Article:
From all of this came three, revised integrated worm control schemes that were promoted to graziers in the 1980s ‘ ‘Wormkill’ for summer-rainfall regions, the ‘Two-Summer-Drench’ program for winter-rainfall regions, and ‘Drenchplan’ for non-seasonal rainfall regions. All three schemes emphasized the use of a limited number of strategically-timed drenches, for different classes of stock, designed to have most effect while attempting to limit selection for drench resistance. For the winter rainfall and non-seasonal rainfall zones, two drenches in summer were crucial to minimize contamination of pastures with worm eggs in summer and autumn because this is the primary source of infections in autumn, winter and spring. All schemes recommended using grazing management where possible, meaning moving lambs and weaners to ‘low worm’ pastures after drenching. ‘Low worm’ pastures were defined as those not grazed by sheep since before the previous summer, or grazed only by adult dry sheep or cattle since the previous drench, or in paddocks that have been cropped, cut for hay, or have a new pasture.

All these schemes were based on the principles first developed by Hugh Gordon. Moreover, much of the research, and the formulation of the control programs, was done by his younger colleagues in CSIRO – Norman Anderson, Keith Dash, Alan Donald, Fred Morley, Bill Southcott and Peter Waller – who also had been his undergraduate students at the Sydney Veterinary School. As Alan Donald recalled:

‘Fred and Bill were 1940s graduates, Hugh having taken over the teaching of parasitology in the vet school from Ian Clunies Ross in 1937. Norman Anderson and I were 1950s graduates, Keith Dash and Peter Waller from the 1960s. Norman was based at the Parkville lab of Animal Health and led the Victorian research in the winter rainfall zone, Bill and Keith were at the Pastoral Research Lab, Armidale working in the summer-rainfall zone. Peter and I were at the McMaster Lab and, through the decade of the 1970s, collaborated with Fred Morley’s group in Plant Industry in Canberra. Fred headed the Agricultural Systems group in PI and our collaboration was around the role of grazing management in optimizing livestock production including parasite control, in the non-seasonal rainfall zone.’

National and international impact

The impact of Hugh Gordon’s research was truly global. His epidemiological work in the 1940s and 1950s was clearly influential in the thinking of his contemporaries such as HD Crofton and EL Taylor in Britain and Norman F Baker and John H Whitlock in the United States. Other important topics to which he contributed through hypothesis and experiment were the ‘self cure’ phenomenon, the peri-parturient rise of helminth egg output in the ewe, and hypobiosis or arrested development in nematodes.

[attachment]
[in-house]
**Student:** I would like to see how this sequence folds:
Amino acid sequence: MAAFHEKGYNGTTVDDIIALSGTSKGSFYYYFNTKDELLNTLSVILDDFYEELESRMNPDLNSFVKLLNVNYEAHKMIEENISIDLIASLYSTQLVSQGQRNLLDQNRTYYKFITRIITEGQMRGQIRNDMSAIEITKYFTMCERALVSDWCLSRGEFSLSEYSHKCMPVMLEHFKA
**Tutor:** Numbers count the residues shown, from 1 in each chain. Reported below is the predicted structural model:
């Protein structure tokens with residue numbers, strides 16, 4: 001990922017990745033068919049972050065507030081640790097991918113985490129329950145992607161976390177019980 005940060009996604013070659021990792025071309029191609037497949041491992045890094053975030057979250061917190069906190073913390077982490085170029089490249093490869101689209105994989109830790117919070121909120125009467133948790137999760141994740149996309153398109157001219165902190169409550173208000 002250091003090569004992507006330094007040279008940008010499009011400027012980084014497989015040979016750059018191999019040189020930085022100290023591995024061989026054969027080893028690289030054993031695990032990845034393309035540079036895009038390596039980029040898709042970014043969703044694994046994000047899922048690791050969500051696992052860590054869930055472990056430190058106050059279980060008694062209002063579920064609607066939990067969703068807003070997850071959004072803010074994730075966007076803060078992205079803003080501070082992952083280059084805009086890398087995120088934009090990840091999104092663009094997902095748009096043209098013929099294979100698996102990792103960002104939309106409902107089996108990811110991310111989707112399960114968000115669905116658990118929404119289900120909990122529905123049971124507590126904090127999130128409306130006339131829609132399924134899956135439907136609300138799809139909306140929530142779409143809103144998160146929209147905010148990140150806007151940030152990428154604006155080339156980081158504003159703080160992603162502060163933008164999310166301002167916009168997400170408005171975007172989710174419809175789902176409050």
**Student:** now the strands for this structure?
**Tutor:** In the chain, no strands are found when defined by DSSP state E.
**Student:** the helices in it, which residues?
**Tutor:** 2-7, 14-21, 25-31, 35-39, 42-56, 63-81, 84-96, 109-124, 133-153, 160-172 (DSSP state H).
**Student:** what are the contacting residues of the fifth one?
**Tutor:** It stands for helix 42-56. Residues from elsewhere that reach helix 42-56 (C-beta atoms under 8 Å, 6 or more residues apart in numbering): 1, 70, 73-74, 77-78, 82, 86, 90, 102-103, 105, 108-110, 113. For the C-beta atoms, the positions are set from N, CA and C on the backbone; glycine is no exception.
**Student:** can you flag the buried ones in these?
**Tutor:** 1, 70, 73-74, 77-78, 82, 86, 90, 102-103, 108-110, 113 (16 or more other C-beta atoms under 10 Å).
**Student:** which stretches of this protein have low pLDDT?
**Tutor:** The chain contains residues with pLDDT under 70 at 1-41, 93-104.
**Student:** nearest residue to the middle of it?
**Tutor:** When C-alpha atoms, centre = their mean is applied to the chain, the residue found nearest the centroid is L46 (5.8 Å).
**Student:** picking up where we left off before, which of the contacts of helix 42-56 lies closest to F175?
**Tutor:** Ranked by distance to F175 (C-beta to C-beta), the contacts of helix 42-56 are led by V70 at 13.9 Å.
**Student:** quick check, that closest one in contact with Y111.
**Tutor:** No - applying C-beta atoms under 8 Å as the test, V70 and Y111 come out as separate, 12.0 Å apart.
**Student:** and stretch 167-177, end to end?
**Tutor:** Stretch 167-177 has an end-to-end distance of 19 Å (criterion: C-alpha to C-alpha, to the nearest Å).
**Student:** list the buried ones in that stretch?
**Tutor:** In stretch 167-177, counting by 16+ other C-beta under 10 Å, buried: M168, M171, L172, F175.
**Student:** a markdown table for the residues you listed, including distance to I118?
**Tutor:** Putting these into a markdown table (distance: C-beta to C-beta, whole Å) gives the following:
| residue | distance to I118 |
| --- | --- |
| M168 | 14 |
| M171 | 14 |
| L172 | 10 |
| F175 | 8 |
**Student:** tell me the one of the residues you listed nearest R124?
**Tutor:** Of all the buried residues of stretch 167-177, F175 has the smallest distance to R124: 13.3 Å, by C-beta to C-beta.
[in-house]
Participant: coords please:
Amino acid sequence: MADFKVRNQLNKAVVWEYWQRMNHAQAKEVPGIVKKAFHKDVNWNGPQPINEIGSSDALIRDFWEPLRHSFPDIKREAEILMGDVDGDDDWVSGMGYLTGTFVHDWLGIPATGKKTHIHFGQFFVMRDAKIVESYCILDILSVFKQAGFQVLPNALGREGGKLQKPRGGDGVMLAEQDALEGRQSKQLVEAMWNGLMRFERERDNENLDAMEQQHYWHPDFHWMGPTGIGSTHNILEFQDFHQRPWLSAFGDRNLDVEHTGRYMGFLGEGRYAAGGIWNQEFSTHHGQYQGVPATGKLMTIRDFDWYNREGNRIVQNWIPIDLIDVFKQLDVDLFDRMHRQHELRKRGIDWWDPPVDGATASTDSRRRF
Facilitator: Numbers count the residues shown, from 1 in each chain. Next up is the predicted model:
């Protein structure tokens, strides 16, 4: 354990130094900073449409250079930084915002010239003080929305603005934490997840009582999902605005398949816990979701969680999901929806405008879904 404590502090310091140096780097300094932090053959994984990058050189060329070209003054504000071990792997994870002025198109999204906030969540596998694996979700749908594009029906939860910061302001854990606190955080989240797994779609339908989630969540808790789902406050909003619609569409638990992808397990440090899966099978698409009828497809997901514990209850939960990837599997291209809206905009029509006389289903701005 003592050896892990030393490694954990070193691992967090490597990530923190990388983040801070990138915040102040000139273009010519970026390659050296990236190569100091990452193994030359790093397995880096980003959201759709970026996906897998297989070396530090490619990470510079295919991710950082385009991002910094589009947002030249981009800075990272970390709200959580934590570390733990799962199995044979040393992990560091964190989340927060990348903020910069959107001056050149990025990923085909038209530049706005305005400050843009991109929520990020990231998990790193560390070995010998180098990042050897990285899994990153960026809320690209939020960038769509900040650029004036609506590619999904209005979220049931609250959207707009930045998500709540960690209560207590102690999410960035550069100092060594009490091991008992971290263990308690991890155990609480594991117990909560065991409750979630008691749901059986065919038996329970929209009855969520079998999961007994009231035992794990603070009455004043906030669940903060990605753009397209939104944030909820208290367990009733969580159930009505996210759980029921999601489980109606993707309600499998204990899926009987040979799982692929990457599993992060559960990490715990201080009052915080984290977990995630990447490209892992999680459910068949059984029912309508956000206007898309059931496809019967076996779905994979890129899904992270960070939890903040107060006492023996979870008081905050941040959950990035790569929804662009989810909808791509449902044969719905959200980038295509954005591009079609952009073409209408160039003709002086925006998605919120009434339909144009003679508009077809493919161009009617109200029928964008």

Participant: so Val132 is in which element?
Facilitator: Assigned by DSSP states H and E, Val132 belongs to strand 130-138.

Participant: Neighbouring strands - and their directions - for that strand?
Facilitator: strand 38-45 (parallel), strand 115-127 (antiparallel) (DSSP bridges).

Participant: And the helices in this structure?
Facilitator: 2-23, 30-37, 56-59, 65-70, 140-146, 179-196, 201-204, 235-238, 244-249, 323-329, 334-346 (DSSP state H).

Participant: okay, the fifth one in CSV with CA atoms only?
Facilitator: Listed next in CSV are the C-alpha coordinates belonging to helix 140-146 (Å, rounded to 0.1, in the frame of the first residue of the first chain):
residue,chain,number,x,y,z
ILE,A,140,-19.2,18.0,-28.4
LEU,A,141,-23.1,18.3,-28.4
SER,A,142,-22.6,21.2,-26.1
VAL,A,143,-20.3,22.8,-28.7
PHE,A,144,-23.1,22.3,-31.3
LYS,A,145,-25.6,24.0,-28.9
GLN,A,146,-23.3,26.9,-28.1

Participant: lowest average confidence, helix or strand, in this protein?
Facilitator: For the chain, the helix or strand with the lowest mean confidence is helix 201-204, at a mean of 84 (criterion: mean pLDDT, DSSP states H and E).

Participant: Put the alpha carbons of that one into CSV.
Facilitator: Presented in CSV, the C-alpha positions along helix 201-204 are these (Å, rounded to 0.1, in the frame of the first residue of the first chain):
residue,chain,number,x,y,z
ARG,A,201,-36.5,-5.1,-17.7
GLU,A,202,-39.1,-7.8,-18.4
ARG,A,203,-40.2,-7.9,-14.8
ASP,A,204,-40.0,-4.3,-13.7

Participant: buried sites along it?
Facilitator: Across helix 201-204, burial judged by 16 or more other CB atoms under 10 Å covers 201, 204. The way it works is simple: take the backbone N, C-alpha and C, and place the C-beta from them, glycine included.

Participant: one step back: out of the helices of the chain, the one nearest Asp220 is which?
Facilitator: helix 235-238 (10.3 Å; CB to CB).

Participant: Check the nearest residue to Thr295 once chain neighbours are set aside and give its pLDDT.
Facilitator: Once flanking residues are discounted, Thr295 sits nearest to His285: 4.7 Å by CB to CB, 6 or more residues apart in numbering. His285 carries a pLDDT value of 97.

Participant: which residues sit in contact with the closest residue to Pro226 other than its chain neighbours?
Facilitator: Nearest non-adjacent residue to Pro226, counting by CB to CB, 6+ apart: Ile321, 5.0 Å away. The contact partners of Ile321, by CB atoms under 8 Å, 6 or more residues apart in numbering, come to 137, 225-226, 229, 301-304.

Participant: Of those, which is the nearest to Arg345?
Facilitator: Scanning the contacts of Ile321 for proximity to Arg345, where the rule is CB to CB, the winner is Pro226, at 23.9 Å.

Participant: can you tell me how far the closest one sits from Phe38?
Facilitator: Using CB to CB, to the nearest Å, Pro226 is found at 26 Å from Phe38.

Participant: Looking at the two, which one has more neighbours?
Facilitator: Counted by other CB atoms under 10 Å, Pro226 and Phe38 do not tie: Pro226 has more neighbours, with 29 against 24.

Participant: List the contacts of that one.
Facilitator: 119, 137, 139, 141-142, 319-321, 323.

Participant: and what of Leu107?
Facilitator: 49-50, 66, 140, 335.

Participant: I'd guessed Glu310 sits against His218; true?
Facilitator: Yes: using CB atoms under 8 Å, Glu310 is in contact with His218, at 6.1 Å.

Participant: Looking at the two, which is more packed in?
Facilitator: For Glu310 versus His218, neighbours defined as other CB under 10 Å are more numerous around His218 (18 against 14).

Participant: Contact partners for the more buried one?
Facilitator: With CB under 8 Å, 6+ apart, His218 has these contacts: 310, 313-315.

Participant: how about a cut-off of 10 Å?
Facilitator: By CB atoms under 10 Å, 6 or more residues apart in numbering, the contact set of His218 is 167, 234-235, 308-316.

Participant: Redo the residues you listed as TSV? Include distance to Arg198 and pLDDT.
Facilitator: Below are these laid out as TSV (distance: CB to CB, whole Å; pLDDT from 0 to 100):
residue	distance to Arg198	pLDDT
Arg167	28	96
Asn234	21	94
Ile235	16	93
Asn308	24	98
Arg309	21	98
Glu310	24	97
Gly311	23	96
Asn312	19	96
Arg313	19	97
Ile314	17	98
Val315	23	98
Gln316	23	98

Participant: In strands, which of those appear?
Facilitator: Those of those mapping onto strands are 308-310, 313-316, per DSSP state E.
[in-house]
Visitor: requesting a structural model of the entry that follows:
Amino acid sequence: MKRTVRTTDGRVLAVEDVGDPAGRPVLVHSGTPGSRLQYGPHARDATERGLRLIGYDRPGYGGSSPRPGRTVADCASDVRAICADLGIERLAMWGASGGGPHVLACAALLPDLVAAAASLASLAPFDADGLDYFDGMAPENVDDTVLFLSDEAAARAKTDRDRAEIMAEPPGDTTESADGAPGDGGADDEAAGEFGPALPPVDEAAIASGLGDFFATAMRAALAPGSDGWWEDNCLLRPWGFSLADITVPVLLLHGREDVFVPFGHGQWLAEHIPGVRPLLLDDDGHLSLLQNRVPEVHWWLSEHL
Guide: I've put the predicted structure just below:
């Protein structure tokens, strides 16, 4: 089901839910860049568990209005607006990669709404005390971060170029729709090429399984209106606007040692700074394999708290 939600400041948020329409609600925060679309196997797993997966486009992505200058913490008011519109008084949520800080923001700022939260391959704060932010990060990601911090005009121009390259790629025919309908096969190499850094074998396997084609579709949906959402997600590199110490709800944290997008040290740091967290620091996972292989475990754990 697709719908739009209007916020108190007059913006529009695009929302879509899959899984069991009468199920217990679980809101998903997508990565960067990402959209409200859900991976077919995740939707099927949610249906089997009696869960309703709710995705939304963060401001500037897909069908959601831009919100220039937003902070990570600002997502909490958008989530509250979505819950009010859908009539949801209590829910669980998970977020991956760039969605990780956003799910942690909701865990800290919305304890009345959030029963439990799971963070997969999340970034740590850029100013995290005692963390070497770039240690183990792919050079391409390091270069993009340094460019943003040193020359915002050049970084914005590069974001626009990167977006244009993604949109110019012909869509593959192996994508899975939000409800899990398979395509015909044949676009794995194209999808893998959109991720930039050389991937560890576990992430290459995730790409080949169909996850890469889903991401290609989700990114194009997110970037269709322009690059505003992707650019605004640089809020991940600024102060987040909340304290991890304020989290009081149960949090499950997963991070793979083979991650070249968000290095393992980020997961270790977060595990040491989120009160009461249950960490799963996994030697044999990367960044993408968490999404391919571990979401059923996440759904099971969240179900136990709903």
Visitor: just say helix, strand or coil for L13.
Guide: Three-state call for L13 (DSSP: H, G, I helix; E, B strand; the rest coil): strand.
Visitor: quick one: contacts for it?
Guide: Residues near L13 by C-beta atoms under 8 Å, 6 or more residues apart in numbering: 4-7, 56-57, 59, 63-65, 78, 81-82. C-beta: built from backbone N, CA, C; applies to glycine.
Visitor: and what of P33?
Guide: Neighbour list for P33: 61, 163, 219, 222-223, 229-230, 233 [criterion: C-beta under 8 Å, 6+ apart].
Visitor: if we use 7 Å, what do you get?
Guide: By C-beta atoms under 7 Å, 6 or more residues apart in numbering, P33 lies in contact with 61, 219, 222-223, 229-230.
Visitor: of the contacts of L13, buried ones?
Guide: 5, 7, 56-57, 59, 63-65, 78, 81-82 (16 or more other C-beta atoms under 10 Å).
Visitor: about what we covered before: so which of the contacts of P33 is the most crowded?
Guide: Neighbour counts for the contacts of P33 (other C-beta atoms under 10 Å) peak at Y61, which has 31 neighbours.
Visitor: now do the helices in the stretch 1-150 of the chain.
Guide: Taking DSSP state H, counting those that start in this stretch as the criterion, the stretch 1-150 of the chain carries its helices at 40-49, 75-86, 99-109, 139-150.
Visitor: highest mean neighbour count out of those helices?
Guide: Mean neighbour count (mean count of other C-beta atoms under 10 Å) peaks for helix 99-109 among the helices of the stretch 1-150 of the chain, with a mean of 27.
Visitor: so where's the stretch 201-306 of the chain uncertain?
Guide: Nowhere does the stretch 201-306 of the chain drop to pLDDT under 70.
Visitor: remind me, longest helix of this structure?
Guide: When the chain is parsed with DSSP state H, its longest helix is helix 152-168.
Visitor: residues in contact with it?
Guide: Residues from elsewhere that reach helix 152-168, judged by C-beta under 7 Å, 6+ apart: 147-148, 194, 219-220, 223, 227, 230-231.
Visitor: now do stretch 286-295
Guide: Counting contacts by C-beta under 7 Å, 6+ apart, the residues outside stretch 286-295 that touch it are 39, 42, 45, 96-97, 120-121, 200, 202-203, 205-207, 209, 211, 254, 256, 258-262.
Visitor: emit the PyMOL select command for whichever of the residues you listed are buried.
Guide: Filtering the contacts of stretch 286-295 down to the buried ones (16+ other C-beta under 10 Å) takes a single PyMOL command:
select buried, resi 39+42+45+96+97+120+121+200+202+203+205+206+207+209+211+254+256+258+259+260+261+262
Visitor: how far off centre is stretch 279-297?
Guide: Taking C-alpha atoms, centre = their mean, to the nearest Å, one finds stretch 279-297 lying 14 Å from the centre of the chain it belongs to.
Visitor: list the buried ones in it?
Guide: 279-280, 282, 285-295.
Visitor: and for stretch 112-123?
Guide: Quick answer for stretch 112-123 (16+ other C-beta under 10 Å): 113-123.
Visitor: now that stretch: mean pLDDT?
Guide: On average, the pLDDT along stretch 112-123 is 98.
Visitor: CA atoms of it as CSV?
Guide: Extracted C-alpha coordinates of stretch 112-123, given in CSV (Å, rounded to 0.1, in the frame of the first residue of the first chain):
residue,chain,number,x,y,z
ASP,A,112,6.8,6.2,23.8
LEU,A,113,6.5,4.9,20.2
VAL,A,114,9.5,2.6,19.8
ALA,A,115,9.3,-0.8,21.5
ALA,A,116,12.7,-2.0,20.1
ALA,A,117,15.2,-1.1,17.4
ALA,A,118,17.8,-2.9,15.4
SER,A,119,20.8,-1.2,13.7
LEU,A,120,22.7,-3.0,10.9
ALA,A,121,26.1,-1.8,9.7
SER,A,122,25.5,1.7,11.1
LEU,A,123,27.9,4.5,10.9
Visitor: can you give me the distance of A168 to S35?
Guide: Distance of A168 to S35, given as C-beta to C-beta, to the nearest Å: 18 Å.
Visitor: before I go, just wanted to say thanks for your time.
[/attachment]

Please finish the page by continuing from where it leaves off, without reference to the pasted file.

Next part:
He was a foundation member of the World Association for the Advancement of Veterinary Parasitology (WAAVP), a member of its Executive Board and served for a period as its First Vice-President. In 1981 he was elected an Honorary Member of the WAAVP and also of the Helminthological Society of Washington. He was elected a Fellow of the Australian Veterinary Association in 1959, a Fellow of the Australian Society for Parasitology in 1972 and was a Foundation Fellow, Australian College of Veterinary Scientists (also in 1972).

He was awarded a Member of the Order of Australia (AM) – for services to Veterinary Science in 1986, the Order of the Golden Fleece by the California Wool Growers Association in 1970 and the Gilruth Prize in 1965, the most prestigious award given by the Australian Veterinary Association. The Gilruth Prize is named after CSIR’s John Anderson Gilruth, the Foundation Chief (1930-35) of CSIR’s Division of Animal Health.

Hugh Gordon at the bench in the Laboratory.

Hugh Gordon at the bench in the new McMaster Laboratory in 1932. The laboratory was opened in November 1931. [Source: CSIRO].

As former student and CSIRO colleague Alan Donald wrote in his obituary for Hugh Gordon in 2002 (see Source below):

‘For those who knew and worked with Hugh Gordon, he was a delightful teacher, mentor, colleague and friend. He had a truly enquiring mind, a constant capacity for lateral thinking, and an encyclopedic knowledge of many things but of matters parasitological above all. For many years, he surveyed the current parasitological literature for the McMaster Library indexing system and would often draw interesting papers to the attention of his colleagues. He was always approachable by the most junior of his colleagues or students and was never too busy to answer their requests for help or advice.

Many will remember tapping on the half-open door of his room at the McMaster to be invited immediately to come in, and to find Hugh at his desk literally surrounded by enormous piles of journals, books and papers ‘ but instantly able to put his hand on the item that would help you with your problem. Right up to the last years of his life, Hugh Gordon continued to keep in touch with his colleagues and with progress in veterinary parasitology’.


  • Donald AD, 2013, personal communication
  • Donald AD, 2002, “Obituary Hugh McLeod Gordon’, Aust Vet J, 80: 573.
  • Plant JA, 2002, ‘A Tribute to Hugh Gordon’. Aust Vet J, 80:328.